The first night in Iran was back in the tunnels again. Not quite as good as Turkey's, and not big enough for a tent. As we were cooking dinner in it, we then realised it was big enough for something else - a herd of sheep. The shepherd didn't seem at all surprised to see a couple of foreign guys there, and immediately gave us a wave and a "hello", steered his sheep away and headed for another tunnel so they could safely cross the road...
After setting all our gear down, we headed out with him to get food. He ordered two huge Kebabs and a coke each and wouldn't accept a penny. Then he showed us his little photo book of all the cycle tourists he's met over the years. It seemed his hobby was to hunt out foreign cyclists and help them in any way he could, that was just his 'thing'.
The next morning he cycled with us through the town in the snow, and took us to a shop to buy an Iranian sim card that we wanted, and then we were on our way.
"Well done Dan. So what do we do Hammed? How do we get it back?"
"It's in a Taxi on it's way here now, will be with us in an hour"
Well that was easy.
So the following day, after a tour of the city and a nice lunch bought for us, it was time for football. We may be cycling every day but all that does is get you good at cycling. Any time I walk up steps or run somewhere for 2 minutes I can hardly breathe, so playing football was going to be interesting. We were put at ease though as Hammed kept telling us how sure he was that we would be better than all of them.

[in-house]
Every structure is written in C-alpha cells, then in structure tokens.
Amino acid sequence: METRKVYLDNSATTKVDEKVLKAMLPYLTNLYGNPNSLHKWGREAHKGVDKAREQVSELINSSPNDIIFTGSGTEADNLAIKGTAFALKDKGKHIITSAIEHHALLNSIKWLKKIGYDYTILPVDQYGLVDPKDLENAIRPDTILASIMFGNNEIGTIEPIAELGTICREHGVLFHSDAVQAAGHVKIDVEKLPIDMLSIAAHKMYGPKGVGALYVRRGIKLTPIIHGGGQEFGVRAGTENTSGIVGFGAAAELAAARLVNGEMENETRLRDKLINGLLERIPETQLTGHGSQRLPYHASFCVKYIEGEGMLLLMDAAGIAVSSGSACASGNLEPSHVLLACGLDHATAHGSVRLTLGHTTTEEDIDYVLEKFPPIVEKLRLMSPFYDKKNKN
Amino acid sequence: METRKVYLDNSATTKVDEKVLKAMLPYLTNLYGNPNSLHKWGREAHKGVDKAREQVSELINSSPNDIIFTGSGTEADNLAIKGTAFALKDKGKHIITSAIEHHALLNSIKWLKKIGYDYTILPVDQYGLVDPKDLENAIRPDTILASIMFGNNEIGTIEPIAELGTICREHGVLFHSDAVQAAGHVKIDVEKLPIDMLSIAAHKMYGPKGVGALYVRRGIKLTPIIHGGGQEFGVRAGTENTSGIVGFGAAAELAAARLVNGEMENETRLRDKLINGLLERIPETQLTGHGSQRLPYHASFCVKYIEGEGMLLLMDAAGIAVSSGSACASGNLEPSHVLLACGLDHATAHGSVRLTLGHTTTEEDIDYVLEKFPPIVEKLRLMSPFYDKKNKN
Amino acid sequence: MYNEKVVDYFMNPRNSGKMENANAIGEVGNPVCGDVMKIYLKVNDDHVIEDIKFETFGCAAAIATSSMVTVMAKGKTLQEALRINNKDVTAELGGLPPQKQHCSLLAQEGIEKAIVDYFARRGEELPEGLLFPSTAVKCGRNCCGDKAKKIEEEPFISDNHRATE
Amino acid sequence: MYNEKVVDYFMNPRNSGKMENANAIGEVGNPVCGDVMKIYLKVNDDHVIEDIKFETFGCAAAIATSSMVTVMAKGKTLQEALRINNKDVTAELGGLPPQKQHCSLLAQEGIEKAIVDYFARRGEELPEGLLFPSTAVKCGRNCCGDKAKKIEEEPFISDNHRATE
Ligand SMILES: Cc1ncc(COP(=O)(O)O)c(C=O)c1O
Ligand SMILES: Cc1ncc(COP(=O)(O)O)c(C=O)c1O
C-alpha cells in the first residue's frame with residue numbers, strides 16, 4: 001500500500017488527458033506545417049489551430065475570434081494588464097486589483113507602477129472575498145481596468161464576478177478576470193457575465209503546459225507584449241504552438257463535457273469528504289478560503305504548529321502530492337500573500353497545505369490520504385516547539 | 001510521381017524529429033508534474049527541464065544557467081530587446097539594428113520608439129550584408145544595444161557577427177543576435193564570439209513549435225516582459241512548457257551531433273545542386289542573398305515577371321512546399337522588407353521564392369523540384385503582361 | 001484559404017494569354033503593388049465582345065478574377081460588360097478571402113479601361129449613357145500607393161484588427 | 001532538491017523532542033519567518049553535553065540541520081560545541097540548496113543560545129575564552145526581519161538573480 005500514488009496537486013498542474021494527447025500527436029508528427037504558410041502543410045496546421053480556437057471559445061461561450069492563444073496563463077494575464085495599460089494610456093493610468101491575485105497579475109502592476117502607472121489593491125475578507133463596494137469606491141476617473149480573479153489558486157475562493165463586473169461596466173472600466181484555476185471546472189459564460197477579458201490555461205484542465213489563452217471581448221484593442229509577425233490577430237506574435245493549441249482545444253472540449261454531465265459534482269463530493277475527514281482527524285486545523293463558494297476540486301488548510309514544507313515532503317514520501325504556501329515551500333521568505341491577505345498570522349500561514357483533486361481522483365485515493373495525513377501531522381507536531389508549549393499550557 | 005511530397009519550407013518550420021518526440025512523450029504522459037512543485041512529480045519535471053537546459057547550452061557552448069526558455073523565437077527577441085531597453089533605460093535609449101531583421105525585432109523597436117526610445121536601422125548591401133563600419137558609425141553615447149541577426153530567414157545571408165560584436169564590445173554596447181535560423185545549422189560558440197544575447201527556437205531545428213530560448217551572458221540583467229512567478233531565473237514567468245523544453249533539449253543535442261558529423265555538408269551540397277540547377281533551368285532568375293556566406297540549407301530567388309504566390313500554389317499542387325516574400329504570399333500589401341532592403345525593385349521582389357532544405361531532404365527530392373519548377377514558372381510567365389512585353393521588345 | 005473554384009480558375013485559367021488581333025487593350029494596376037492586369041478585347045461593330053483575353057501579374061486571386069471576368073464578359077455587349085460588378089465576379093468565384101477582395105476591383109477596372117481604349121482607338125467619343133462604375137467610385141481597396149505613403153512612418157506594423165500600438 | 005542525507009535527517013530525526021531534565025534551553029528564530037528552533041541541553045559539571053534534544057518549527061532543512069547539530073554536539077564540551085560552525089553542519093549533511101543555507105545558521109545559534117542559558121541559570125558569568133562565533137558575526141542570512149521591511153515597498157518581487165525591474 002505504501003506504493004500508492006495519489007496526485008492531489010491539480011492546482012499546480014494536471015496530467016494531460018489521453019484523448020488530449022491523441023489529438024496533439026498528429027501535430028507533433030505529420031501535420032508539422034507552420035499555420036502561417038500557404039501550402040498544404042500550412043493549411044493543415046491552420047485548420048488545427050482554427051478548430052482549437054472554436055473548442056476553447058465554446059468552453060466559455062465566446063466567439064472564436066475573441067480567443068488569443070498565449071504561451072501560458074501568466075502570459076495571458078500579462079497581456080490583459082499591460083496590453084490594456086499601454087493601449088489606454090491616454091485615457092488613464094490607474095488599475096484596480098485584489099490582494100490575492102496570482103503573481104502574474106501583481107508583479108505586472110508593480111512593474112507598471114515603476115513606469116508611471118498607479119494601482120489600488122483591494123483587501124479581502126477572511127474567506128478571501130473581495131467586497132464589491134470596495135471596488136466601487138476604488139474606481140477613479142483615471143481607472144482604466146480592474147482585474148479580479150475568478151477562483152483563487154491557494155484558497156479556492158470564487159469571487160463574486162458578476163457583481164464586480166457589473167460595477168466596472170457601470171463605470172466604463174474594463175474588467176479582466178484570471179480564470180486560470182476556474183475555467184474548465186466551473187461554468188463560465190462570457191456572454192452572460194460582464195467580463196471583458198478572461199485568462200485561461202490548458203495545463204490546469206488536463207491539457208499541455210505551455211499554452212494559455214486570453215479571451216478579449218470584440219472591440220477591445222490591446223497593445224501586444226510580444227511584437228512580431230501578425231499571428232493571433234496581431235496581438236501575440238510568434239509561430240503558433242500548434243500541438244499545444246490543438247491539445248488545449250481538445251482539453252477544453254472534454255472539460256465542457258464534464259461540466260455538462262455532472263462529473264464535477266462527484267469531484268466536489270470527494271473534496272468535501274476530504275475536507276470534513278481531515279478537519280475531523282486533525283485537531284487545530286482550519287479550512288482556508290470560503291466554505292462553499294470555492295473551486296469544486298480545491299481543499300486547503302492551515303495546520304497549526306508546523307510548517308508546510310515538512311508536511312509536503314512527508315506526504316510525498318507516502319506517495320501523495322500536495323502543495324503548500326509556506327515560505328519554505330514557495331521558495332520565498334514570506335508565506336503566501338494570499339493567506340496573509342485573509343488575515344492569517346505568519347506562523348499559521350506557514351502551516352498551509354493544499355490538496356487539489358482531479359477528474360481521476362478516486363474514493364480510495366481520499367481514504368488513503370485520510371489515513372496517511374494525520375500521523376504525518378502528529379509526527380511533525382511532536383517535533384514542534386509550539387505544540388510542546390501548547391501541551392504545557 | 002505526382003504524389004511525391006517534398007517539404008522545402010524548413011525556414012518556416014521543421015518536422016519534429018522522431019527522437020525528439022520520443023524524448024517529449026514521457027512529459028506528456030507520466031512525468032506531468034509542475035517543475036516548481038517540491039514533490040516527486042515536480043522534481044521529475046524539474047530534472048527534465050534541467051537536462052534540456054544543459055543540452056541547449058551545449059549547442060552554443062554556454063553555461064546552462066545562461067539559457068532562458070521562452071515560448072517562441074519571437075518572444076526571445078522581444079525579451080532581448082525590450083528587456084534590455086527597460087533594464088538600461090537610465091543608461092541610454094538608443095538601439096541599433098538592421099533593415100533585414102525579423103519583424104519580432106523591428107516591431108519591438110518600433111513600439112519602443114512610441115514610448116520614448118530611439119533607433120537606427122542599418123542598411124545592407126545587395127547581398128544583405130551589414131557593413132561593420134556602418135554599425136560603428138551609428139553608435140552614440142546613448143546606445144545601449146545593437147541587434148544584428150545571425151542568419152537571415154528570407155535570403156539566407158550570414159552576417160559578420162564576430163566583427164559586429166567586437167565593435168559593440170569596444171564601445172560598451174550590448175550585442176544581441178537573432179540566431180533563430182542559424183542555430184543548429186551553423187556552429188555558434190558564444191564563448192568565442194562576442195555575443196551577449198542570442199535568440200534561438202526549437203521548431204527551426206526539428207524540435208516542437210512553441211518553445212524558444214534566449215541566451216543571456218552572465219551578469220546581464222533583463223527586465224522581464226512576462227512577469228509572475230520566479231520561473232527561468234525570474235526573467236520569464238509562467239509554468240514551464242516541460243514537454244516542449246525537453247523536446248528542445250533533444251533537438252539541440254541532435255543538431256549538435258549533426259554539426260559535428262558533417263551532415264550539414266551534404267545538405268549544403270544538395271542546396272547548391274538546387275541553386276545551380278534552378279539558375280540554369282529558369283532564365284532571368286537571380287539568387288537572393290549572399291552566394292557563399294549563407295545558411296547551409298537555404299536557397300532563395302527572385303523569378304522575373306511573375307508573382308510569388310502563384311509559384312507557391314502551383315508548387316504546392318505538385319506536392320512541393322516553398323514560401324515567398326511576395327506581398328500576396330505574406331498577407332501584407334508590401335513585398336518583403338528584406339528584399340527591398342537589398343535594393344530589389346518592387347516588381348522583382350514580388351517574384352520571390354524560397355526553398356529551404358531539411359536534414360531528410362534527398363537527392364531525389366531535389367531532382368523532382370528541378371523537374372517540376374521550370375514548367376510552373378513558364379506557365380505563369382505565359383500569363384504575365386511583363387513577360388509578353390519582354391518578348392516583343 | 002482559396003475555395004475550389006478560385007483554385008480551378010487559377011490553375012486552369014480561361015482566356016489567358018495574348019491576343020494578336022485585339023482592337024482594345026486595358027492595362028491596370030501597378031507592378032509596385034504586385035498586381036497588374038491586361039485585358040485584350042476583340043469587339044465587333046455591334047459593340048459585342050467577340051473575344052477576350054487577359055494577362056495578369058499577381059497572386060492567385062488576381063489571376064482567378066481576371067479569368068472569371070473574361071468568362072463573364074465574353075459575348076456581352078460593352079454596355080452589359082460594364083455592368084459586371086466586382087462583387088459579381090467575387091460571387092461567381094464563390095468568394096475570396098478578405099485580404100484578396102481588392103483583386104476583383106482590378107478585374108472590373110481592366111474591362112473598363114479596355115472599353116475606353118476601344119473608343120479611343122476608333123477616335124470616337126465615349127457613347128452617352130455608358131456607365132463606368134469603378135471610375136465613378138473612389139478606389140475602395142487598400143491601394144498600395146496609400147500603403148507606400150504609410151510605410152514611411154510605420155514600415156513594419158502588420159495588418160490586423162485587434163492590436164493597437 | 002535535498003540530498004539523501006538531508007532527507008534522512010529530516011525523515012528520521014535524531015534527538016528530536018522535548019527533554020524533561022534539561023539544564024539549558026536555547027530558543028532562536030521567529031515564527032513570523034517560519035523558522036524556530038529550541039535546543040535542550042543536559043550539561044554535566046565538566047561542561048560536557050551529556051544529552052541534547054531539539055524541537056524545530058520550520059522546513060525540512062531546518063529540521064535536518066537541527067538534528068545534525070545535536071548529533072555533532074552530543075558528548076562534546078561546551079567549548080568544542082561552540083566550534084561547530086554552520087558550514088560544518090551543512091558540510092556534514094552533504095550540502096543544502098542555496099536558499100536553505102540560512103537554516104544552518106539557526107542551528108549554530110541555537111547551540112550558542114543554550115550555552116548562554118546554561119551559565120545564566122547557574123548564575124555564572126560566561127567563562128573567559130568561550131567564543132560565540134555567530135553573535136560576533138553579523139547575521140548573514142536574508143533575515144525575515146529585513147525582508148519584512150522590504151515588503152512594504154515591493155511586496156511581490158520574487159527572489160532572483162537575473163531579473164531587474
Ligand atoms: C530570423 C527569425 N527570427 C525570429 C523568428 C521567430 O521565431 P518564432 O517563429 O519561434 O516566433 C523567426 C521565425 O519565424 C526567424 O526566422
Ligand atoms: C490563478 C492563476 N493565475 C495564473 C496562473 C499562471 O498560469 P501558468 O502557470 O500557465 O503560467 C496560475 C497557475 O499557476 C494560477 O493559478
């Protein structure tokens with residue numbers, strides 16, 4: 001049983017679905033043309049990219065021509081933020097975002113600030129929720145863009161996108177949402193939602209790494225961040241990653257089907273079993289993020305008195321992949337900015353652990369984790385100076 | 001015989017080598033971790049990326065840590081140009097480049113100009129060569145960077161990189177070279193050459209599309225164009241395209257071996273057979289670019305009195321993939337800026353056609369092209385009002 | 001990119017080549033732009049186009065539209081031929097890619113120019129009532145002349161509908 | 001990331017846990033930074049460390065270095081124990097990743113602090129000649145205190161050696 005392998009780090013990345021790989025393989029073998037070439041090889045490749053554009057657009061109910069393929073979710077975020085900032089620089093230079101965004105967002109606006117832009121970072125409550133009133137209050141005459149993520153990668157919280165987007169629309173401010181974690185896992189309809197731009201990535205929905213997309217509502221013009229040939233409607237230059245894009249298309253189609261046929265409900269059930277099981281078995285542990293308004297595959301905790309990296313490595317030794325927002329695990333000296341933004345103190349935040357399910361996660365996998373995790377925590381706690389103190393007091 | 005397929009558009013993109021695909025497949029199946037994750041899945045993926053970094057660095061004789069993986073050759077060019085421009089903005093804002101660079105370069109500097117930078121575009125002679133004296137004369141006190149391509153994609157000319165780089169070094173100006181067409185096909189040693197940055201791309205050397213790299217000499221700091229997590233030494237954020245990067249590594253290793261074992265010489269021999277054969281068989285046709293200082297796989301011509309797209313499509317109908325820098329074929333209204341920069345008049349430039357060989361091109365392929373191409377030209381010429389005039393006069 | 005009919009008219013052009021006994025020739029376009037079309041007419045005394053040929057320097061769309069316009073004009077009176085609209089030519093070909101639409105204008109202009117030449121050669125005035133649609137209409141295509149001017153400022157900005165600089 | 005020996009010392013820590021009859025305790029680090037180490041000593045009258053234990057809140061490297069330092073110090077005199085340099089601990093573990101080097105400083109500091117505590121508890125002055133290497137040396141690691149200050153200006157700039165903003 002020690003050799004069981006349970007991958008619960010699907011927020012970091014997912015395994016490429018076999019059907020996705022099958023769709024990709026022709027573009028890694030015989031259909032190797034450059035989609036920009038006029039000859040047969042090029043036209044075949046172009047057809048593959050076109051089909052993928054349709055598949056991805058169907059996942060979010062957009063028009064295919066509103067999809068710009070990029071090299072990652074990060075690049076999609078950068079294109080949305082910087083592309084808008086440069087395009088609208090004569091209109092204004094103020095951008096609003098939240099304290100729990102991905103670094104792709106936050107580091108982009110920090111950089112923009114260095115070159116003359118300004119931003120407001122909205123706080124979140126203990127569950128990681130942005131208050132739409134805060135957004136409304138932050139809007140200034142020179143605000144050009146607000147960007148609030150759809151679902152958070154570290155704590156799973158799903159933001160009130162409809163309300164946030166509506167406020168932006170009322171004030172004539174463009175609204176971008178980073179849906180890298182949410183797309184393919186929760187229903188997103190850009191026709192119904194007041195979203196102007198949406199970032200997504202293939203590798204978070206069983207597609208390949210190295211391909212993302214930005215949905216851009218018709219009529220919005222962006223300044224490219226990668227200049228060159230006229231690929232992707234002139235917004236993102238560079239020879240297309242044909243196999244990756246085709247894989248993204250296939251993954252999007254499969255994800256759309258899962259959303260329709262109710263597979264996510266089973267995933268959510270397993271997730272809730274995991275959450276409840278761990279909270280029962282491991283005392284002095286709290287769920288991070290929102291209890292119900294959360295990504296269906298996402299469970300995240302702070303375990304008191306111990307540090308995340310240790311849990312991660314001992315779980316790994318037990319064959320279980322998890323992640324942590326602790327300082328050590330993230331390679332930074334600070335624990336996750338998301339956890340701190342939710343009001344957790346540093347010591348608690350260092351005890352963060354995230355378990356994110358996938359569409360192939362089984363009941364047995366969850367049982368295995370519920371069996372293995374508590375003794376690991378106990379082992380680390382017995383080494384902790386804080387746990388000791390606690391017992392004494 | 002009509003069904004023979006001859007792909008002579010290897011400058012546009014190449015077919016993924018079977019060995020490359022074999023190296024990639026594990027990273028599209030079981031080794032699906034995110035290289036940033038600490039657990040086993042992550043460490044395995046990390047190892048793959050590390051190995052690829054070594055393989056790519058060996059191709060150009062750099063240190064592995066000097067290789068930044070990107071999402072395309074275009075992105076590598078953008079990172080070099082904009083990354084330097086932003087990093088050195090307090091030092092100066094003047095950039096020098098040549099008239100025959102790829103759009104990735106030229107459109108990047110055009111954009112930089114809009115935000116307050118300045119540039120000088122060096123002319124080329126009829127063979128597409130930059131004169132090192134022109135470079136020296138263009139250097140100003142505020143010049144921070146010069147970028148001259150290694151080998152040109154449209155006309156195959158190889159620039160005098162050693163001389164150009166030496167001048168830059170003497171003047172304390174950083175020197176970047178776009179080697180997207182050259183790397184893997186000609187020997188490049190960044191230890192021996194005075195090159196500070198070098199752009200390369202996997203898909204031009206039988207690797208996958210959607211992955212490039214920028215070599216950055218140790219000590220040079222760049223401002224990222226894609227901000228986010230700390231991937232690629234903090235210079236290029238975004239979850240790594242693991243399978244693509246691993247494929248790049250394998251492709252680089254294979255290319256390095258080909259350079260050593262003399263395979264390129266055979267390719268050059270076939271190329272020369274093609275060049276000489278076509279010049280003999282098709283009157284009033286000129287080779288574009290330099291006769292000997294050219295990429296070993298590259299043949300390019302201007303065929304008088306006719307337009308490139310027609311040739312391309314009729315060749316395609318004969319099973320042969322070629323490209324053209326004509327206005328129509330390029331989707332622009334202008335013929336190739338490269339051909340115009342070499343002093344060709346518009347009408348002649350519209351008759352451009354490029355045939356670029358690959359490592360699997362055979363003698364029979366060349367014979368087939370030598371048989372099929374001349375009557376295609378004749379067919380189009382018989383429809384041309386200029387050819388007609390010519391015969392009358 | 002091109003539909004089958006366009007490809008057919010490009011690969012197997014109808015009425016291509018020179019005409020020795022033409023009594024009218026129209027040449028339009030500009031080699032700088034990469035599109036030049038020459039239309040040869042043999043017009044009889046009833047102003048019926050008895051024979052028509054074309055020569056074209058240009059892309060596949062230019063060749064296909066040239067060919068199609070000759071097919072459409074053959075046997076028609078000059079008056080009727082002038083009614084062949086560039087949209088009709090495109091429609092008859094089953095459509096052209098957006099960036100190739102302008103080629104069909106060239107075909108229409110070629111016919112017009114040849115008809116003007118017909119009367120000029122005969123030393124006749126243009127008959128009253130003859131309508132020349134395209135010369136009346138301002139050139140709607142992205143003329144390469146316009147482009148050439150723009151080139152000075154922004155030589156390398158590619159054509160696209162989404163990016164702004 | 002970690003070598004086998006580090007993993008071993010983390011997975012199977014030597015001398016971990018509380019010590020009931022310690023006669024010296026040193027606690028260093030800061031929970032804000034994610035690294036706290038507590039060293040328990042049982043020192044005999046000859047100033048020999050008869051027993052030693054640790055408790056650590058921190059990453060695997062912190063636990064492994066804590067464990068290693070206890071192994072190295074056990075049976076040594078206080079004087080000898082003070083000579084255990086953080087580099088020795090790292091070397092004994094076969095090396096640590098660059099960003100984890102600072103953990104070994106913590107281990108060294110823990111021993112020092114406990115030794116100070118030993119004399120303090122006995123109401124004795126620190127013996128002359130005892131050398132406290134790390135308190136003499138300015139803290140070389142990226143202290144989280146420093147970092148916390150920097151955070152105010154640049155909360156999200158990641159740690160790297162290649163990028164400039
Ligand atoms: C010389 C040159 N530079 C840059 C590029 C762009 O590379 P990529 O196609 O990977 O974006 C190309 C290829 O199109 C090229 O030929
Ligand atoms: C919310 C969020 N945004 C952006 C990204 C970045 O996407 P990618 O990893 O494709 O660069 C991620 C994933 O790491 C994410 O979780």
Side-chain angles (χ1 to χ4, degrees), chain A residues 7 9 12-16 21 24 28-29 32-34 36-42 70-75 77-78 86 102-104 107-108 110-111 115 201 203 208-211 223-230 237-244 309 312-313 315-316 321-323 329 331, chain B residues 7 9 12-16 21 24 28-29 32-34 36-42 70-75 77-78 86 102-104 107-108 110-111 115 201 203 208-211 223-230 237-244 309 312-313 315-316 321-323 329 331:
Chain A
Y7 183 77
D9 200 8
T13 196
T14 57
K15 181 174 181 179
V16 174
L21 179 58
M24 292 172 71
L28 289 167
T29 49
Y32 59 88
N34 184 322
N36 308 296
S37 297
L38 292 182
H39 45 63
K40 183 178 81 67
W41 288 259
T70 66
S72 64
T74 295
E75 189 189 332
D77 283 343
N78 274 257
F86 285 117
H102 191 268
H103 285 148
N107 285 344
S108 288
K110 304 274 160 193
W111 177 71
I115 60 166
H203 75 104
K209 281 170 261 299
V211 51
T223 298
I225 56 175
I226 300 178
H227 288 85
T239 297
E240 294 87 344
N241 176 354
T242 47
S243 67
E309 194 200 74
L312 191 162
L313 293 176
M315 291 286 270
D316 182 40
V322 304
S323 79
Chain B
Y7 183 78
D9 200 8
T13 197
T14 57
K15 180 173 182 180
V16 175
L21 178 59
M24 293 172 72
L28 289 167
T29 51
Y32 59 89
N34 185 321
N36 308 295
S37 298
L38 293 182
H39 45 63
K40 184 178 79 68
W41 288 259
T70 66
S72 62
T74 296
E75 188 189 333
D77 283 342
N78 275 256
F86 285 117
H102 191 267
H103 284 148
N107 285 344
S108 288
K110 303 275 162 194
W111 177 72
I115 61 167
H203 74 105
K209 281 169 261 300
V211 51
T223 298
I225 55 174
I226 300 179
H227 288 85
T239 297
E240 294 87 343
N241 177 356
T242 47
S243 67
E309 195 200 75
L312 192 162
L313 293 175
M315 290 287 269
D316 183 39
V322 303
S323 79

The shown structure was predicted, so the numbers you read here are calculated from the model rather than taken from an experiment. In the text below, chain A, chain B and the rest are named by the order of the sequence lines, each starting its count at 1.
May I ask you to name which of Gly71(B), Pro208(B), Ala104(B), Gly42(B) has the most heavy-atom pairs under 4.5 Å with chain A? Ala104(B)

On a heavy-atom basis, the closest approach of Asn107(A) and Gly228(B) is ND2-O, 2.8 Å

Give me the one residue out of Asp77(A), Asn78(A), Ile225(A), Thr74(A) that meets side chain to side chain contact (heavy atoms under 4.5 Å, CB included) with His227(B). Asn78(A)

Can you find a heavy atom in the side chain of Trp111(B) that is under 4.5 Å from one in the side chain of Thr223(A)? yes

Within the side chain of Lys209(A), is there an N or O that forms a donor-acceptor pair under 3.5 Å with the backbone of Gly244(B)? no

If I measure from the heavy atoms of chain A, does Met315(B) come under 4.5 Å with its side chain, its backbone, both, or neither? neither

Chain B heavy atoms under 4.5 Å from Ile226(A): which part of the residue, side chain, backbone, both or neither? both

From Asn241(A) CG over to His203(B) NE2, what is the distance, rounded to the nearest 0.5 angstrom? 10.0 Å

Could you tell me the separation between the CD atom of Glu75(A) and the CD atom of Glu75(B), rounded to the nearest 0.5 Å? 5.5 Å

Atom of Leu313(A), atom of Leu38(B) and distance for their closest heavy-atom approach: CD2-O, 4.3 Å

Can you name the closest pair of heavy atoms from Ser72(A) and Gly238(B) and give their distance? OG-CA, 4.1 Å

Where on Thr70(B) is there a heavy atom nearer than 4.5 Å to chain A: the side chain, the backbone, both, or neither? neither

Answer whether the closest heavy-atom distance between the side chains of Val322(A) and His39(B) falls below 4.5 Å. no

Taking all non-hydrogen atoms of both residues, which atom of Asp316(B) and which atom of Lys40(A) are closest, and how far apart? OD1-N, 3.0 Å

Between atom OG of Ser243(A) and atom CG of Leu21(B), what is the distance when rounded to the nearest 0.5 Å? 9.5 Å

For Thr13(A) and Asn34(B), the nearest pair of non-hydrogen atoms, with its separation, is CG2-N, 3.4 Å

It started well for me, as I got the scoring under way, but then I gradually got worse and worse. Hammed had lied too, they were all awesome. 30 minutes later I twisted my foot and fell over, the ball nor anyone were nowhere near me. It was pretty painful and I couldn't walk on it, so had to come off. Then it was Dan's turn - he chose to block a very powerful shot with the one thing you don't want to block a very powerful shot. He was down on the ground with everyone around him, and I was very happy with the situation. After a trip to the bathroom to "check that it was still there" he was back on. In the remaining 20 minutes Dan supposedly scored 6 goals and was awesome, I didn't see him score one.